On a final note – Joseph’s brother Leonard, also a long-time Brooklyn brewer, was listed in the Brooklyn directories dating back to the early 1860’s. His April 10, 1893 obituary in the Brooklyn Daily Eagle stated:

In 1867 he was instrumental in organizing the firm of Fischer and Eppig, establishing a small brewery on the corner of Central Avenue and George Street…In 1879 he purchased Mr. Fischer’s interest in the firm.

This was certainly the brewery where Joseph served as brewmaster for seventeen years (roughly 1870 to 1887) prior to leaving in 1888 to start the Joseph Eppig Brewery.

Listed at 24 George Street and later at 193 Meserole Street in Brooklyn, I’ve seen it referred to as Leonard Eppig’s Germania Brewery and the Leonard Eppig Brewing Company.

The Eppig name was recently revived by a craft brewery located in San Diego California called J & L Eppig Brewing. According to their web site ( it’s run by members of the Eppig family. Their slogan is:

Eppig Brewing – Established 1866 – Reinvented 2016


Albert Krumenaker, 512 & 514 West 166th St., N.Y.


krumenaker      krumenaker-1      krumenaker-2


Albert Krumenaker was in business as a bottler from 1892 to the mid-1920’s.

The business was first listed in the 1892 NYC Directory as a bottler at 167th Street near Amsterdam Avenue. Sometime around 1894 he moved to W 166th Street. According to a March 18, 1902 article in the Brooklyn Daily Eagle:

Nine years ago (1893) Krumenaker built a house at 512 West One Hundred and Sixty-sixth Street…Two years later (1895), the Deputy Water Commissioner said, he built a house next door…

On a side note, the article went on to say that Krumenaker had installed an unmetered service in 514 and had under reported his water usage for several years.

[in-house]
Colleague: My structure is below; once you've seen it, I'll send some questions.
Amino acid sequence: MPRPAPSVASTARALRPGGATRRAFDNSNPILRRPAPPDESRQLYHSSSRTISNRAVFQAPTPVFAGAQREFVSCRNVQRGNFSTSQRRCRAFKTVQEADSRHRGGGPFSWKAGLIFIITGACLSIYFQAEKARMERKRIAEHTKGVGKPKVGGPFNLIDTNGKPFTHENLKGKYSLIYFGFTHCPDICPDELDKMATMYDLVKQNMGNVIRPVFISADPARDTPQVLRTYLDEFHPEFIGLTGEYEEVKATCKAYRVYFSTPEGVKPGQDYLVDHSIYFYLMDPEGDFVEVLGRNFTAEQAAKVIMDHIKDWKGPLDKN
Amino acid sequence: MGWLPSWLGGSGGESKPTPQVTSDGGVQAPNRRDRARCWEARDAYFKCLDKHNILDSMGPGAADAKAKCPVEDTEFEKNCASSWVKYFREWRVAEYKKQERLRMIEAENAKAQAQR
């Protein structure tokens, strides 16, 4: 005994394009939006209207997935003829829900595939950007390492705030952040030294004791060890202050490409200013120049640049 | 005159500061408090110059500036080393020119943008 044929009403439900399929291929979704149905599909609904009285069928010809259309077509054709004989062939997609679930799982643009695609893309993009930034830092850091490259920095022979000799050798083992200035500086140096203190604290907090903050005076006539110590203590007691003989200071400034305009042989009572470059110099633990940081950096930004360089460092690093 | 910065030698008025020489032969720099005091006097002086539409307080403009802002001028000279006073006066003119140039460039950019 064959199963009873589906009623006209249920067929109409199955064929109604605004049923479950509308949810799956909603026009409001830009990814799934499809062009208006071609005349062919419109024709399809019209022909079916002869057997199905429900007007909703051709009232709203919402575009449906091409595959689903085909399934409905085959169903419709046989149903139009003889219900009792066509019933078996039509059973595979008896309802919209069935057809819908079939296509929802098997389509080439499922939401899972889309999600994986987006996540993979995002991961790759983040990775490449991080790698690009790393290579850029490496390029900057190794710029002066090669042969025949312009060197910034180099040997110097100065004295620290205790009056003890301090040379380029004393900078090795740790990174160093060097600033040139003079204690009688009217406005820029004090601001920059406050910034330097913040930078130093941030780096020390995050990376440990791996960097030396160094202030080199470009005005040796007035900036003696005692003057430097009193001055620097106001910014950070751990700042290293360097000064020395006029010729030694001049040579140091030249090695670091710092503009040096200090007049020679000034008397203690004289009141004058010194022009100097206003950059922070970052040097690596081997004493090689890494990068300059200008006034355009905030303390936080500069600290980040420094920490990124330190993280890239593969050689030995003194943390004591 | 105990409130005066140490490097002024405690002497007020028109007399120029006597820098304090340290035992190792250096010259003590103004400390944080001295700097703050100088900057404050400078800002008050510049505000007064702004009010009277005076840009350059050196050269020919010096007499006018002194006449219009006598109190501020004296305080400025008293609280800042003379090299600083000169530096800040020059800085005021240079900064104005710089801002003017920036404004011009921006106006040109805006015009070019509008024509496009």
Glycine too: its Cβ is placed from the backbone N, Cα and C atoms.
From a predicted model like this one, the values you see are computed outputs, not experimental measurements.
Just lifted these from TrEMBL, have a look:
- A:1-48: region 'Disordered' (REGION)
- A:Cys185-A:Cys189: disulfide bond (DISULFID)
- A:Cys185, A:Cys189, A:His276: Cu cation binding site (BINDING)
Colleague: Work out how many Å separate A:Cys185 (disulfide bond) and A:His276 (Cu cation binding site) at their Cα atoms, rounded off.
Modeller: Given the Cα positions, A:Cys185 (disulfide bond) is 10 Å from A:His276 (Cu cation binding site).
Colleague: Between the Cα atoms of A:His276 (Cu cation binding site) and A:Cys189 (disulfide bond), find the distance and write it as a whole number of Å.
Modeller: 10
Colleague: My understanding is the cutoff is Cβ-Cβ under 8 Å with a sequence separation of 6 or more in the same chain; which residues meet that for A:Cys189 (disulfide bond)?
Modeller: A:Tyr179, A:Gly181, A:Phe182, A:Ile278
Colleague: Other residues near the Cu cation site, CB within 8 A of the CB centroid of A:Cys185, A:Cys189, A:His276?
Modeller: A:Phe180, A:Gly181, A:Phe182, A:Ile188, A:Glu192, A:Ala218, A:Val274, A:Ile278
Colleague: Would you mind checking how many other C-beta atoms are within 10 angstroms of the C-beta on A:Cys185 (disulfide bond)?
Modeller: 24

The business incorporated in December 1899. The New York Times listed them under “New Corporations” in their December 21, 1899 edition.

Albert Krumenaker, Incorporated, of New York City, to bottle beer; capital $500. Directors – Albert Krumenaker, Julius Bach and Daniel Guggenheim, New York City.

The business served as a bottler for George Ehret’s Hell Gate Brewery. This is confirmed by an undated but old photograph of a Gramm Logan truck with a sign on the side that read” George Ehret’s, New York, lager beer, bottled by Albert Krumenaker, 508-514 W 166th St, Telephone 69 Audobon. The truck certainly looks like it’s from the early 1900’s.

krumenaker-car   krumenaker-sign

At some point he also became the wholesale dealer for Blatz Beer and in 1912 he ran a series of advertisements for Blatz in the “Evening World.”

According to a March 19, 1933 article in the Brooklyn Daily Eagle, the Krumenaker operation was absorbed by Liebmann’s prior to the start of National Prohibition.

Before Prohibition put a snag in the beer business Liebmann’s has absorbed many famous brands of beer and breweries. They were Peter Doelger’s, Welz & Zerweck’s, George Ehret’s, Obermeyer & Liebmann’s plaza brew, Beadelston & Woerz and the Krumenaker bottling works – and some 30 other brands. With the possible exception of Peter Doelger’s, all of them will remain absorbed, and they will reappear – are now being bottled as Liebmann’s

The business continued to be listed with the name of Krumenaker through 1925. In later years, the business included 508 to 516 West 166th Street in their address.  After 1925, as far as I can tell, the Krumenaker name vanished from the Directories.

Krumenaker passed away in August of 1927. His death notice is printed in the August 8, 1927 issue of the Brooklyn Daily Eagle.

Today, the houses Krumenaker built at 512 and 514 West 166th Street no longer exist. 508 West 166th Street is an old apartment building that according to was built in 1910 so it appears to have been utilized by the business in its later years (this dates the above photograph to no earlier than 1910).

I’v found two Krumenaker bottles. One is a champagne style tooled blob (12 oz) certainly from his earlier history. It has the 512 and 514 West 166th Street address embossed on it near the base so it most likely dates no earlier than 1895 when he built 514 and no later than 1910 when he added 508. The other is a machine made export style probably from the decade before the start of National Prohibition.